Jersey project design is set

Atlantic City nongambling project design is set


April 19, 2000|By June Arney | June Arney,SUN STAFF

In a plan touted as being as significant for Atlantic City as the Inner Harbor was for Baltimore, the Cordish Co. and the New Jersey Casino Reinvestment Development Authority agreed yesterday on the design of a $200 million retail and entertainment project to link the resort city's boardwalk, casinos and convention center.

The development will occupy about 25 acres of prime space directly off the Atlantic City Expressway.

"What you have here is world-class gambling and world-class hotels and nothing else for the people to do," said David S. Cordish, president and chairman of the Baltimore-based Cordish Co.

"It is the antithesis of Vegas. What they've learned in gambling is that adding entertainment makes it a full experience, a family experience."

So the goal of the project is to keep visitors in Atlantic City longer by giving them more to do.

"We are extremely excited about the Cordish Co.'s master plan," said Fred Nickles, chairman of the Casino Reinvestment Development Authority.

"The Cordish Co. has the track record, experience and contacts to bring world-class retail and entertainment tenants to Atlantic City.

"This project is critical to Atlantic City's long-term ability to compete as a major resort and gaming destination."

Until recently, such a venture would not have been well received by the casinos, Cordish said. The casinos historically have fiercely protected their turf against potential nongambling competition.

But research has found that visitors typically spend four hours a day gambling, then look for other forms of entertainment, Cordish said.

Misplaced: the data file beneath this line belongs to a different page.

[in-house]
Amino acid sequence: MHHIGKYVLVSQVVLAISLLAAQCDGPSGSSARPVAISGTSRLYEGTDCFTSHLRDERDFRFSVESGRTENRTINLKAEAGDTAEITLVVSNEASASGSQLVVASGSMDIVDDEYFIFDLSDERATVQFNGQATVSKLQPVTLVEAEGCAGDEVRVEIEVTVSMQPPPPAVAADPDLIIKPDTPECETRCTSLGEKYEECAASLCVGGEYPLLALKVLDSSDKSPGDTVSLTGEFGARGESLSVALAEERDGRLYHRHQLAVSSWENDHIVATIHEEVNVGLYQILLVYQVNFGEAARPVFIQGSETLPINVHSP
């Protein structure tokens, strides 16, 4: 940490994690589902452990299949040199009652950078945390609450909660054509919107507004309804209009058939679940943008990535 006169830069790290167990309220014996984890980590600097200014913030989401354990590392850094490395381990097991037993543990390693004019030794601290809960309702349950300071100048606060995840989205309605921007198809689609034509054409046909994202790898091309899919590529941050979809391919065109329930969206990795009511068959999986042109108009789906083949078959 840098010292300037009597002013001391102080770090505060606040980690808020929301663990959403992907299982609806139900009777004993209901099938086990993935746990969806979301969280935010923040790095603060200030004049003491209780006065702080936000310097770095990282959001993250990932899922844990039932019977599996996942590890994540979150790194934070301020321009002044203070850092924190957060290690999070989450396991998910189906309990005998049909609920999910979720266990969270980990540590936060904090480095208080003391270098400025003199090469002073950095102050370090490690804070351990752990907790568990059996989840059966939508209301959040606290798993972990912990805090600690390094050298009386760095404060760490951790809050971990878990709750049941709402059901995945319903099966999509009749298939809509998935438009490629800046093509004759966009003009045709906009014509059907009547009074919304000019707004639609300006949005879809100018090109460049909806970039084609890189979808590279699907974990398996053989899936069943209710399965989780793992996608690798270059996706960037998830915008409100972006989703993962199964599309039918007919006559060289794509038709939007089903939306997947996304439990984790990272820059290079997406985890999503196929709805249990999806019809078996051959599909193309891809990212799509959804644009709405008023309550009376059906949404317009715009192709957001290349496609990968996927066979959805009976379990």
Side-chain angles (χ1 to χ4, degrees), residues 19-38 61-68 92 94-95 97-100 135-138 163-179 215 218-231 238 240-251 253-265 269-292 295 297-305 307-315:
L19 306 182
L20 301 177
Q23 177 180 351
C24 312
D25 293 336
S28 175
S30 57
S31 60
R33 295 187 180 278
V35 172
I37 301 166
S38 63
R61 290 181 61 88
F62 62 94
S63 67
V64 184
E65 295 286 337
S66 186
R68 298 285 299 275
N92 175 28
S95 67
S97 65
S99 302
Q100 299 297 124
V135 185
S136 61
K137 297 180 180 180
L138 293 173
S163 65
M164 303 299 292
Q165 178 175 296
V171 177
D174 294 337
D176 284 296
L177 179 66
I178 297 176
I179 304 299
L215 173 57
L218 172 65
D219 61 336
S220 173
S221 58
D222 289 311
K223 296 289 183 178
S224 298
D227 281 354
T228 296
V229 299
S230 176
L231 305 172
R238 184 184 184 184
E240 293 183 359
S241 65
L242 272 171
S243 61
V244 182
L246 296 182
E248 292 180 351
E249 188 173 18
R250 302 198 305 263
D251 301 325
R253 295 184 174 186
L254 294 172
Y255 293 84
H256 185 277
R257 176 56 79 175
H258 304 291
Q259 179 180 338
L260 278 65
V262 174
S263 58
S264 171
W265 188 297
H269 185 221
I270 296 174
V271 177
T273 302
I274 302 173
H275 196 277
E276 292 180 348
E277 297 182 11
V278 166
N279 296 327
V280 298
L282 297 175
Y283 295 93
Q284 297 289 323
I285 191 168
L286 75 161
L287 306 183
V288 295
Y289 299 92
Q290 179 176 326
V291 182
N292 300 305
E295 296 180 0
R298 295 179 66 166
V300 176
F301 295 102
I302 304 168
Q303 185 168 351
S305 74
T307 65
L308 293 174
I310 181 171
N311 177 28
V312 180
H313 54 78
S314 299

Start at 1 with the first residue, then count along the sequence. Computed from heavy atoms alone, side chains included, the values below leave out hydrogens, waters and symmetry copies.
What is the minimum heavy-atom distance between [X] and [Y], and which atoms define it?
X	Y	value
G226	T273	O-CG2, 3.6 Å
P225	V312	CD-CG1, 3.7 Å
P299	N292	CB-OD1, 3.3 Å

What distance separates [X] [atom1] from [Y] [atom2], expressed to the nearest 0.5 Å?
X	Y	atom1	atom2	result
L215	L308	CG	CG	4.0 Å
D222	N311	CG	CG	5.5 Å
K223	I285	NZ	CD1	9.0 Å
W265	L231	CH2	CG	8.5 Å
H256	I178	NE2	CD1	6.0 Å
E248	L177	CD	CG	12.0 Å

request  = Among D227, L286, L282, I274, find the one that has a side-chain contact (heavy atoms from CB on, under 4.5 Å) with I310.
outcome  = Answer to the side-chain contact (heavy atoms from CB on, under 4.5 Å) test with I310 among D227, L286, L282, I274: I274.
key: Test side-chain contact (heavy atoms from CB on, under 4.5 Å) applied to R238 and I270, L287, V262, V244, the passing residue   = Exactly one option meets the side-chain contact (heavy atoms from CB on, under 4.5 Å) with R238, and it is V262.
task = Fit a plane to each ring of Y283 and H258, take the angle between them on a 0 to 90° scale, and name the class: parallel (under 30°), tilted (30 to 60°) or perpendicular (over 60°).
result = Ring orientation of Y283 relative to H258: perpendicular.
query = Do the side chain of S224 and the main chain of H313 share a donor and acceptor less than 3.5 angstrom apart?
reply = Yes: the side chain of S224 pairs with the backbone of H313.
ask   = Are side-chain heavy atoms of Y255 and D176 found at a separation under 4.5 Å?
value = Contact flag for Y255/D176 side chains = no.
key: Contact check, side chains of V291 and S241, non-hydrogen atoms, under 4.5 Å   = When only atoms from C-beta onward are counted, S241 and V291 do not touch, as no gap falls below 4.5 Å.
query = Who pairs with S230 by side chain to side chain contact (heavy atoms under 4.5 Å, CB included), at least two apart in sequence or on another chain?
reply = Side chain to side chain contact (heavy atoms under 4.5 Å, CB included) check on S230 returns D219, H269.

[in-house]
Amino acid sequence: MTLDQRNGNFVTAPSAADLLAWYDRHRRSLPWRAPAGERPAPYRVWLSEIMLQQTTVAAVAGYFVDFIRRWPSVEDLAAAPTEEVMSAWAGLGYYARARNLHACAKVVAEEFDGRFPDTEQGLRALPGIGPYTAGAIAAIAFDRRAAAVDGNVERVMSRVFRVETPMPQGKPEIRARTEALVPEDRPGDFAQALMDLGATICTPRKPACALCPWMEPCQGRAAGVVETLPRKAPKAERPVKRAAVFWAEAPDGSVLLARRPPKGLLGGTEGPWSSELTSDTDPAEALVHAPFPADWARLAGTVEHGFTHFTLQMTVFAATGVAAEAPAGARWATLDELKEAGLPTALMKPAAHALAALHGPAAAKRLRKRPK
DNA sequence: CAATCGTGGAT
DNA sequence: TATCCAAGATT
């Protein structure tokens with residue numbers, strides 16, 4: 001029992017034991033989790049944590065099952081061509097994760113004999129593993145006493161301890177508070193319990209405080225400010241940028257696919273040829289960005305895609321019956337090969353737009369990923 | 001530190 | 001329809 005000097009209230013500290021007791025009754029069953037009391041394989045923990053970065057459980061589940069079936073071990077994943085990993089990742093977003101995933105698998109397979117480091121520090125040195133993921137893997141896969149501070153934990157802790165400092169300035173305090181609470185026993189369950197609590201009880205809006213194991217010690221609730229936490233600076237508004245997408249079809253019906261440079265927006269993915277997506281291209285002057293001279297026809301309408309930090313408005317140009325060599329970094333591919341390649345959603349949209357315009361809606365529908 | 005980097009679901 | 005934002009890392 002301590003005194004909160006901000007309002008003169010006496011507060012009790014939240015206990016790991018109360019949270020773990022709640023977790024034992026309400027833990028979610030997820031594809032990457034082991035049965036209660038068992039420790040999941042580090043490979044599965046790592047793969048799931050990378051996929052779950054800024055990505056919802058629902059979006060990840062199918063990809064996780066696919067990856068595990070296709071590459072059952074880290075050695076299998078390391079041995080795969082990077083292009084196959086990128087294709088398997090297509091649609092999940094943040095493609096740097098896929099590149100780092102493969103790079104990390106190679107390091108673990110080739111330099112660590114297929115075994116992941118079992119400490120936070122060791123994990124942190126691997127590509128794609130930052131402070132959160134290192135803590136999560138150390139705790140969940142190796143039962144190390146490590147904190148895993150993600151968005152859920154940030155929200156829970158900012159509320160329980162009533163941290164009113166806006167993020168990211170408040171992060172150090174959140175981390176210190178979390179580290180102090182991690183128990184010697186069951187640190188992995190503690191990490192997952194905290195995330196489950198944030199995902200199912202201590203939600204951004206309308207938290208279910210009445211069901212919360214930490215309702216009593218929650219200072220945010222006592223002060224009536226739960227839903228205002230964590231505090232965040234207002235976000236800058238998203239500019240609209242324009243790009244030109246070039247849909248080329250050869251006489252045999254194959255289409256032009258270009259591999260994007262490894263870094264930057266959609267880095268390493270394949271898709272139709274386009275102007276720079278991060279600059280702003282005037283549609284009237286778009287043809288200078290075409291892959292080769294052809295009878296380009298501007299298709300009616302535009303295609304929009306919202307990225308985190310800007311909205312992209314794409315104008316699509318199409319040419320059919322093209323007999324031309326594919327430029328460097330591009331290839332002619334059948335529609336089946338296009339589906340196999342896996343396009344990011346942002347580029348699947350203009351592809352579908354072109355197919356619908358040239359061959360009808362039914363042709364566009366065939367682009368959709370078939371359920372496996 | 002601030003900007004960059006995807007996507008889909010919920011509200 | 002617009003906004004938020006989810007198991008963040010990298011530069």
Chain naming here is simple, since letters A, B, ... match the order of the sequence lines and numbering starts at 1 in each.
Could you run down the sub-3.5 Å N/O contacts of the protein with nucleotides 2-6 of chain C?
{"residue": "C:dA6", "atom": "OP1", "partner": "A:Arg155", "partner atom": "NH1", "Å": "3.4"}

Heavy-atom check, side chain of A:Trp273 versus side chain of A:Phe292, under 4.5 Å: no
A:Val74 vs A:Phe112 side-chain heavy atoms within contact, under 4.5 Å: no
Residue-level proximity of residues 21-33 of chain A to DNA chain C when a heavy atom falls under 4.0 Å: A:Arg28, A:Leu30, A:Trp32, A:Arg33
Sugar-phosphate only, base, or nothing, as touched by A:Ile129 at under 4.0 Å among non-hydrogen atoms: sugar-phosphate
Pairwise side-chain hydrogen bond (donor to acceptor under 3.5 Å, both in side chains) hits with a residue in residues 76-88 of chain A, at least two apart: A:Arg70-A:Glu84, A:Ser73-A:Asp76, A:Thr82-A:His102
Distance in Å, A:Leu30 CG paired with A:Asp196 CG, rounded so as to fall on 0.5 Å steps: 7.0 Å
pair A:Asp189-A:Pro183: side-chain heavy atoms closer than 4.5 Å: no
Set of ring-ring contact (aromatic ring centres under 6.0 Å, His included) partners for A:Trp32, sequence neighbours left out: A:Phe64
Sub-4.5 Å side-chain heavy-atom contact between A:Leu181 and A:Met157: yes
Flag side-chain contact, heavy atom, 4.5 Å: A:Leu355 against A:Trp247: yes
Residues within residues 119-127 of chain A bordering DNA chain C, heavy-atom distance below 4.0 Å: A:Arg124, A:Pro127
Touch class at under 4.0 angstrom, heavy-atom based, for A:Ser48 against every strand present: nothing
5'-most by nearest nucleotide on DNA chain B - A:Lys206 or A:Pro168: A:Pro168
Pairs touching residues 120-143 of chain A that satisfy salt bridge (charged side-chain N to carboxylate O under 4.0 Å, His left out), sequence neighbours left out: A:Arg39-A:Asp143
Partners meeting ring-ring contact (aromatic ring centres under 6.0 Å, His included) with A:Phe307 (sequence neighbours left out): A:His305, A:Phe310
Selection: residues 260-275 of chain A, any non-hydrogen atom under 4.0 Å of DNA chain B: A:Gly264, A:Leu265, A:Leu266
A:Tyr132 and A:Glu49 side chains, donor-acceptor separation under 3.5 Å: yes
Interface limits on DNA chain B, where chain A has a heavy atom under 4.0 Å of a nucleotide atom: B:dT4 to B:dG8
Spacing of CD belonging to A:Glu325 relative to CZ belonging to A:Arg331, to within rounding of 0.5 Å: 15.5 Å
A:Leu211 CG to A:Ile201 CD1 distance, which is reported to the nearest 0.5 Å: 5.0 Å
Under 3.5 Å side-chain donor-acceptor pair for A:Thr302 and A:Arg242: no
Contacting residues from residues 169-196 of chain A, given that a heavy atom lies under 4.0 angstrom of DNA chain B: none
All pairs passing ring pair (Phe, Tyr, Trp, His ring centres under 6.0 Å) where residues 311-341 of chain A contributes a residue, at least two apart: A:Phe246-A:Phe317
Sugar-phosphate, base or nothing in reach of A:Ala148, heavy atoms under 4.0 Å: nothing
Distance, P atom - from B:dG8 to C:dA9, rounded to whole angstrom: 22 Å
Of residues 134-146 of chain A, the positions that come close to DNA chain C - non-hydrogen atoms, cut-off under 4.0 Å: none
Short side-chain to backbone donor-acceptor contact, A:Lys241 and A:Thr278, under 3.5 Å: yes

"They have now learned from Vegas that it doesn't hurt them, it helps them," Cordish said. "People stay over another night. More is more. "

Atlantic City gets about 37 million visitors a year, and they spend more than $4.5 billion on gambling, according to the Atlantic City Chamber of Commerce and the New Jersey Casino Control Commission.

The project is a public-private partnership being financed by the developer and the Casino Reinvestment Development Authority, which receives 2 percent of gambling revenue.

About 25 percent of the money will be public and 75 percent private, according to Joe Weinberg, executive vice president of the Cordish Co.

First phase

The first phase of the project consists of 350,000-square-foot of factory outlet retail, entertainment and restaurant tenants. That phase is slated for completion in spring 2002, Weinberg said. An additional 520,000 square feet containing similar tenants will follow in phase two, to open in spring 2003, he said.

Retailers are very interested in the new venture, according to Cordish.

"The factory-outlet tenants gave us the best response we've ever had to any project in 40 years of development," he said. "Why? Because there are 37 million visitors a year and no stores."

The physical layout of the project will resemble the Cordish plans for the Capital Centre in Landover, where stores in many blocks will face inward creating a Main Street atmosphere. Large steel signs will traverse the project, recreating the signage that once graced the old Steel Pier at Atlantic City.

The project is expected to draw more than 1.5 million visitors and contribute $80 million annually to state and city coffers, according to estimates by the Cordish Co.

An additional $300 million in gaming revenue is expected annually, according to those estimates.

Over the years, other developers have considered projects in Atlantic City and later backed off, including the Rouse Co. and the Mills Corp. Columbia-based Rouse was chosen to develop the site in October 1993 but withdrew from the project two years later because it wanted to develop a slightly different area than the authority had planned.

Rouse said at the time that the $175 million available in public funding was not sufficient.

Mills withdrew

Mills, of Arlington, Va., pulled out of the project because it was unable to commit to an authority schedule that called for completion of an initial phase of the project within three years.

"When we do this, it's going to remake their image," Cordish said. "I think it's going to be analogous to the Inner Harbor."

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